Districts characterized by unusually masculine sex ratios might also be characterized by high rates of in-migration, which have been linked theoretically, if not empirically (Debnath and Roy 2013), to higher crime rates. Accordingly, the models control for the lifetime in-migration rate—that is, the percentage of district residents who were born outside of their 2001 district of residence. This variable is computed from the 2001 India census.
Finally, to help capture the influence of residual confounders, we control for geographic region. We classify Indian states and union territories into the following four regions: North (Chandigarh, Chhattisgarh, Delhi, Gujarat, Haryana, Himachal Pradesh, Jammu and Kashmir, Madhya Pradesh, Punjab, Rajasthan, Uttaranchal, and Uttar Pradesh); Northeast (Arunachal Pradesh, Assam, Manipur, Meghalaya, Mizoram, Nagaland, Sikkim, and Tripura); East (Bihar, Jharkhand, Orissa, and West Bengal); and South (Andhra Pradesh, Dadra and Nagar Haveli, Daman and Diu, Goa, Karnataka, Kerala, Maharashtra, Pondicherry, and Tamil Nadu).
Because all four dependent variables are dichotomous, and because the individual-level observations are nested within districts, we evaluate the effect of the sex ratio and the control variables on the risk of criminal victimization by estimating multilevel, random intercept logistic regression models (Guo and Zhao 2000). Multilevel models adjust for the clustering of observations within higher-order units (here, districts) and ensure that the standard errors of the regression coefficients are based on the proper degrees of freedom.4 Models are estimated using Stata’s xtmelogit procedure (StataCorp 2005).
Table 1 presents descriptive statistics for all variables used in the analysis. Criminal victimization is a fairly rare experience in India. Less than 4 % of household heads report that someone in their household was a victim of theft during the prior year, only 1 % report that someone illegally entered their home, and only 2.5 % report that a household member was assaulted. About 18 % of the IHDS women respondents report that unmarried girls in their village or neighborhood are harassed sometimes or more frequently.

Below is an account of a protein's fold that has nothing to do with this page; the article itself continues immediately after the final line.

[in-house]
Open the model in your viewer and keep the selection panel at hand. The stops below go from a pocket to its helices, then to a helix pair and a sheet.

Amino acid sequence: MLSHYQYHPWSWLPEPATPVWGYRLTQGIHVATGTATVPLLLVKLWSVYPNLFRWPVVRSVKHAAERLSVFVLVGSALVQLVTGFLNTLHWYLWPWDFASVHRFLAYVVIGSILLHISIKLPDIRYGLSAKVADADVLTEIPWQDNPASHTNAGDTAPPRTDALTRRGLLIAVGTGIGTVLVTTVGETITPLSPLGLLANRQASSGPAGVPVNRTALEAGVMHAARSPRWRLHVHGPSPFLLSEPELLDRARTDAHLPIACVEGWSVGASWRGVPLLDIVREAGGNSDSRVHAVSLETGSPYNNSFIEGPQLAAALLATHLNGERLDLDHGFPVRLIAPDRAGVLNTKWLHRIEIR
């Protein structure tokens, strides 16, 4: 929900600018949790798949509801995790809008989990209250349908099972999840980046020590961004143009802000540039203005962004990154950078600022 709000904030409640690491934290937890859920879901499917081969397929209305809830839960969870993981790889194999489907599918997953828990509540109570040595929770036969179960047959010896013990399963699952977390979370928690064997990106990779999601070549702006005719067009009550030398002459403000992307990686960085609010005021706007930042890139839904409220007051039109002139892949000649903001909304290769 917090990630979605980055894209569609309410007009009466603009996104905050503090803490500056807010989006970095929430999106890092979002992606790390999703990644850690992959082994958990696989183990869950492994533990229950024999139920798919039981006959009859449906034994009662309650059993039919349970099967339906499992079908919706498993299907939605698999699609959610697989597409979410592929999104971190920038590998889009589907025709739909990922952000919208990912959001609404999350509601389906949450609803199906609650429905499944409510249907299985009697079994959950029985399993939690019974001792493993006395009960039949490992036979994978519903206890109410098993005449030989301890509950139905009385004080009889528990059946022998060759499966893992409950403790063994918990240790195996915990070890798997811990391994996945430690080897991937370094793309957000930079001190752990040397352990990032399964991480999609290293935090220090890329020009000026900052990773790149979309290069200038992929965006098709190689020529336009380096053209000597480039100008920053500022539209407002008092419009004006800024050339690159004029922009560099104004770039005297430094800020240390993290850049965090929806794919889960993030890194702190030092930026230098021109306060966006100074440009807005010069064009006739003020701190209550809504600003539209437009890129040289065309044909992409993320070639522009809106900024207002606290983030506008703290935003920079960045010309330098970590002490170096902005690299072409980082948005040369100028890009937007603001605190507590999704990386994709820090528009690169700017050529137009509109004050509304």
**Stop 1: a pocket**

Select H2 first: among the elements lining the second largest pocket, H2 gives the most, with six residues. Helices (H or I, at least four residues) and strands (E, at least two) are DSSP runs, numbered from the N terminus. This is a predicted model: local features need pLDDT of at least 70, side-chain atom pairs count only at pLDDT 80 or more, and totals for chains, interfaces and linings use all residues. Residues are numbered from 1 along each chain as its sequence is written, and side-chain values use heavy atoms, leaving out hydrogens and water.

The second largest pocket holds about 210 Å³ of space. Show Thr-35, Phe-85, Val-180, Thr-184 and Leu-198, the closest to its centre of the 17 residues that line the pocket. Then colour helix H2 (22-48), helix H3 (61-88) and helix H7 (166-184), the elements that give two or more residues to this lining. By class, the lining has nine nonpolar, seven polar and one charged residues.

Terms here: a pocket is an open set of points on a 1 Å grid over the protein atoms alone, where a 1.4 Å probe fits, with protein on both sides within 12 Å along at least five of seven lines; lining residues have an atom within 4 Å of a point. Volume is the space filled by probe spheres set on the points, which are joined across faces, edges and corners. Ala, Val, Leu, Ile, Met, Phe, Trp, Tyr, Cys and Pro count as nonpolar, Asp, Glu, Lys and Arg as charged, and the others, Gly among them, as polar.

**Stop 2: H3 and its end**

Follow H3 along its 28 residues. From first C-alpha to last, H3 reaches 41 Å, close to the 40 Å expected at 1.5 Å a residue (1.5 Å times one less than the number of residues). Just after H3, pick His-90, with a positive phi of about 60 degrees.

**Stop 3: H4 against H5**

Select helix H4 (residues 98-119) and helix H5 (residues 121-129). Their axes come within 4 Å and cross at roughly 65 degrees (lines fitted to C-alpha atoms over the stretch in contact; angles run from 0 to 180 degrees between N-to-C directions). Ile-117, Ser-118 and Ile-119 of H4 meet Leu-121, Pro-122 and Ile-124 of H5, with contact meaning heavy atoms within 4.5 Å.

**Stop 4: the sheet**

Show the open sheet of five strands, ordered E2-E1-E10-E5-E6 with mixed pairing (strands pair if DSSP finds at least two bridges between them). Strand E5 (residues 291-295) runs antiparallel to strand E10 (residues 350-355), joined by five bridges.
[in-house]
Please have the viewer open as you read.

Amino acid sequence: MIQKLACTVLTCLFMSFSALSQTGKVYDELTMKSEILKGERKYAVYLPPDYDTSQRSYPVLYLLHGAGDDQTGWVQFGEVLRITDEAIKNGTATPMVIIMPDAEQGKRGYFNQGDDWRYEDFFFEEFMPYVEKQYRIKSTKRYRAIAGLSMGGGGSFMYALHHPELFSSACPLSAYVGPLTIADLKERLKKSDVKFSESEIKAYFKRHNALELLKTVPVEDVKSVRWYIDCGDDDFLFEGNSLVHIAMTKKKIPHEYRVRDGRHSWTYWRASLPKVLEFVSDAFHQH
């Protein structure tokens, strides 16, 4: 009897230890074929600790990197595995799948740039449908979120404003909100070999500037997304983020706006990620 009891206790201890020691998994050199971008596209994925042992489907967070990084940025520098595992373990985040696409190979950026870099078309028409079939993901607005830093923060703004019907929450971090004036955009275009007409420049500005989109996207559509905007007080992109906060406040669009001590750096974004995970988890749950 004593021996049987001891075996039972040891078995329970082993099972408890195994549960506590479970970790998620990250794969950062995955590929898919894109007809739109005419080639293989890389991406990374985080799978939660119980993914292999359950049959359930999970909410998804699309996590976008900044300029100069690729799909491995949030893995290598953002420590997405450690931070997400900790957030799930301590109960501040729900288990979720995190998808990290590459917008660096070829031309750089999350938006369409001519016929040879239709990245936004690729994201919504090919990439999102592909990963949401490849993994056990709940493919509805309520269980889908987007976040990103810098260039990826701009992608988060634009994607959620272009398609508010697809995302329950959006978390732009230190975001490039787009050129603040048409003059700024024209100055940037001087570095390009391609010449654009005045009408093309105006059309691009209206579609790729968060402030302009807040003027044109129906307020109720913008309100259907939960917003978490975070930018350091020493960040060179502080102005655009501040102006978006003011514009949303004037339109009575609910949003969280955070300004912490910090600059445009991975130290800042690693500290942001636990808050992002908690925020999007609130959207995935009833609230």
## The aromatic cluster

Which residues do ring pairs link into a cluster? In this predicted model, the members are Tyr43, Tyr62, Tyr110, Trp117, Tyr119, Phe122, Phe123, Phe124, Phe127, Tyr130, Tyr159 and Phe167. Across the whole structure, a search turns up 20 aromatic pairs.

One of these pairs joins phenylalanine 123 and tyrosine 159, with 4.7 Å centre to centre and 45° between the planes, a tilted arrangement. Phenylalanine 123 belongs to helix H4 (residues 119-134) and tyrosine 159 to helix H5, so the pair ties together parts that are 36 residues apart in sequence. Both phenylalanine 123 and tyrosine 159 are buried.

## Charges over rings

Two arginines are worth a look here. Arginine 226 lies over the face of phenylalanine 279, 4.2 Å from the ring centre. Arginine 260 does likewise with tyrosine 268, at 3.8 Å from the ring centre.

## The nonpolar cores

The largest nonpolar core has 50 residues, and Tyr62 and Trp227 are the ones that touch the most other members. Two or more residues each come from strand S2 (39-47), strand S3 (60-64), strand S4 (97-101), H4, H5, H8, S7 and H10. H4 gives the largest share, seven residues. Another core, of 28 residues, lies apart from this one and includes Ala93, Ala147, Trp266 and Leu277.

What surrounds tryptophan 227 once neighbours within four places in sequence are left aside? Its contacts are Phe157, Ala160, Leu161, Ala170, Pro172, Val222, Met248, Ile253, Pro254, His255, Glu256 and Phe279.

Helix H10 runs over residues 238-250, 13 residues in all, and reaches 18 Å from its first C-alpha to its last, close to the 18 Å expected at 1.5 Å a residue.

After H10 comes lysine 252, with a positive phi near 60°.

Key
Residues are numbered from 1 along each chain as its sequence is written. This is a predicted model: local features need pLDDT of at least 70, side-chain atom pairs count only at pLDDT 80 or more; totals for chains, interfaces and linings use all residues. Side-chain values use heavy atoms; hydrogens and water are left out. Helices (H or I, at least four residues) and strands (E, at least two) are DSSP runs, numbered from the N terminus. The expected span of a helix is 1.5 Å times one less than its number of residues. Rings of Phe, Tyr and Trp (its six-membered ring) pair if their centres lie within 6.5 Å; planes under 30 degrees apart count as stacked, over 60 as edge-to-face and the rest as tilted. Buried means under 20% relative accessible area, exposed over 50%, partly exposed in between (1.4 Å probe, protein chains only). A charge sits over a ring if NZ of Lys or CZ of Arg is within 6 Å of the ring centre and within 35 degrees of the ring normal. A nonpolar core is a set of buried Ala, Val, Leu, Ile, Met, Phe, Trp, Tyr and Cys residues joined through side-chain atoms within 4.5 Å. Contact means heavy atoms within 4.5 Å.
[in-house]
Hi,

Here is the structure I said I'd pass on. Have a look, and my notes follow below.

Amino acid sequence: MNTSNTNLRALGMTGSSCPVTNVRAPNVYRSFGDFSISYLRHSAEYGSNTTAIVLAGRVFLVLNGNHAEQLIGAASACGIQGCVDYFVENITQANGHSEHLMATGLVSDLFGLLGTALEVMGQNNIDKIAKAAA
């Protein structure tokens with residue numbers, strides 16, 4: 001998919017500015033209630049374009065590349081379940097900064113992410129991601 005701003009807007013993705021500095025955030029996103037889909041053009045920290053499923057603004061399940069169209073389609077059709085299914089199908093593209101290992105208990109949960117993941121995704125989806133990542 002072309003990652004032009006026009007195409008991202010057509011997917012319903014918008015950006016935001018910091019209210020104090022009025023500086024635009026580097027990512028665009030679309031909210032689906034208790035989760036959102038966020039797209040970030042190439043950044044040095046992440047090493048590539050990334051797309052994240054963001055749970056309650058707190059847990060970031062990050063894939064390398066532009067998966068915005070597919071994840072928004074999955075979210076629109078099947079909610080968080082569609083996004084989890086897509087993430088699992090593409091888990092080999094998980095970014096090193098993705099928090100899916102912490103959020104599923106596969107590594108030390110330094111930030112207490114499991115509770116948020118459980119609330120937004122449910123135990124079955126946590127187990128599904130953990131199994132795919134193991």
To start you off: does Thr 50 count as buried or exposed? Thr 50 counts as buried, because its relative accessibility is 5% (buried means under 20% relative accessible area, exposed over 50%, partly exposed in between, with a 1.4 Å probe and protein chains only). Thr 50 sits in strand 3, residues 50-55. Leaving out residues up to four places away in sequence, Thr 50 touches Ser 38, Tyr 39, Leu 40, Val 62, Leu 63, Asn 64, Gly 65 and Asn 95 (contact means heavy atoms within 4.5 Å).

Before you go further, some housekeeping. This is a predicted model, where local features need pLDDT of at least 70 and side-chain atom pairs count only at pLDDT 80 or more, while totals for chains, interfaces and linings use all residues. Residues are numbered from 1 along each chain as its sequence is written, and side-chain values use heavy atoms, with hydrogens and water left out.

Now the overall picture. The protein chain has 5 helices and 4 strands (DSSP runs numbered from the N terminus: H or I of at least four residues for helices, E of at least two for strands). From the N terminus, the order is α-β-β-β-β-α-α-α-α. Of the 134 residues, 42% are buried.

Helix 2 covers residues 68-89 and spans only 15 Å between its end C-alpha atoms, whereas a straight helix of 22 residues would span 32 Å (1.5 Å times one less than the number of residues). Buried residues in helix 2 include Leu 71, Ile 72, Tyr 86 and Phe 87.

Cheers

It is, of course, difficult to compare the percentage of households that report being victimized to victimization rates for other countries because of differences in the definition or perception of criminal incidents, differences in denominators (e.g., households versus individuals), and differences in numerators (e.g., the IHDS does not record multiple incidents per household or individual). However, if we assume that these percentages at least roughly correspond to victimization rates (and multiply the percentages by 10 to generate “rates” per 1,000 households), it would appear that theft and breaking/entering are less common in India than in the United States but that assault is more common. The Indian rates of theft, breaking/entering, and assault are estimated to be 39.0, 10.0, and 25.0, respectively (Table 1). In the United States in 2005, the victimization rate for theft per 1,000 households was 116.3, the rate for household burglary per 1,000 households was 29.6, and the rate for assault per 1,000 population age 12 and older was 17.8 (U.S. Department of Justice 2011).
Turning to the independent variables, the mean district male-to-female sex ratio of over 108 shows that, on average, the surveyed households are exposed to a surplus of men ages 15 to 39.5 However, the standard deviation reveals substantial variation around this mean. The descriptive statistics for the individual-level covariates indicate that the typical household contained about five members and that almost one-half of the households included a teenage or young adult (ages 15 to 21). On average, the most highly educated household member completed between seven and eight years of schooling. Mean household income is about 54,000 rupees, and almost 90 % of households reported owning their home. Over 80 % of the respondents are Hindu, with Muslims and members of other religions constituting 11 % and 8 % of the sample, respectively. Almost 40 % of households are members of OBCs, 20 % belong to a scheduled caste, 8 % belong to a scheduled tribe, and about 32 % belong to some other caste.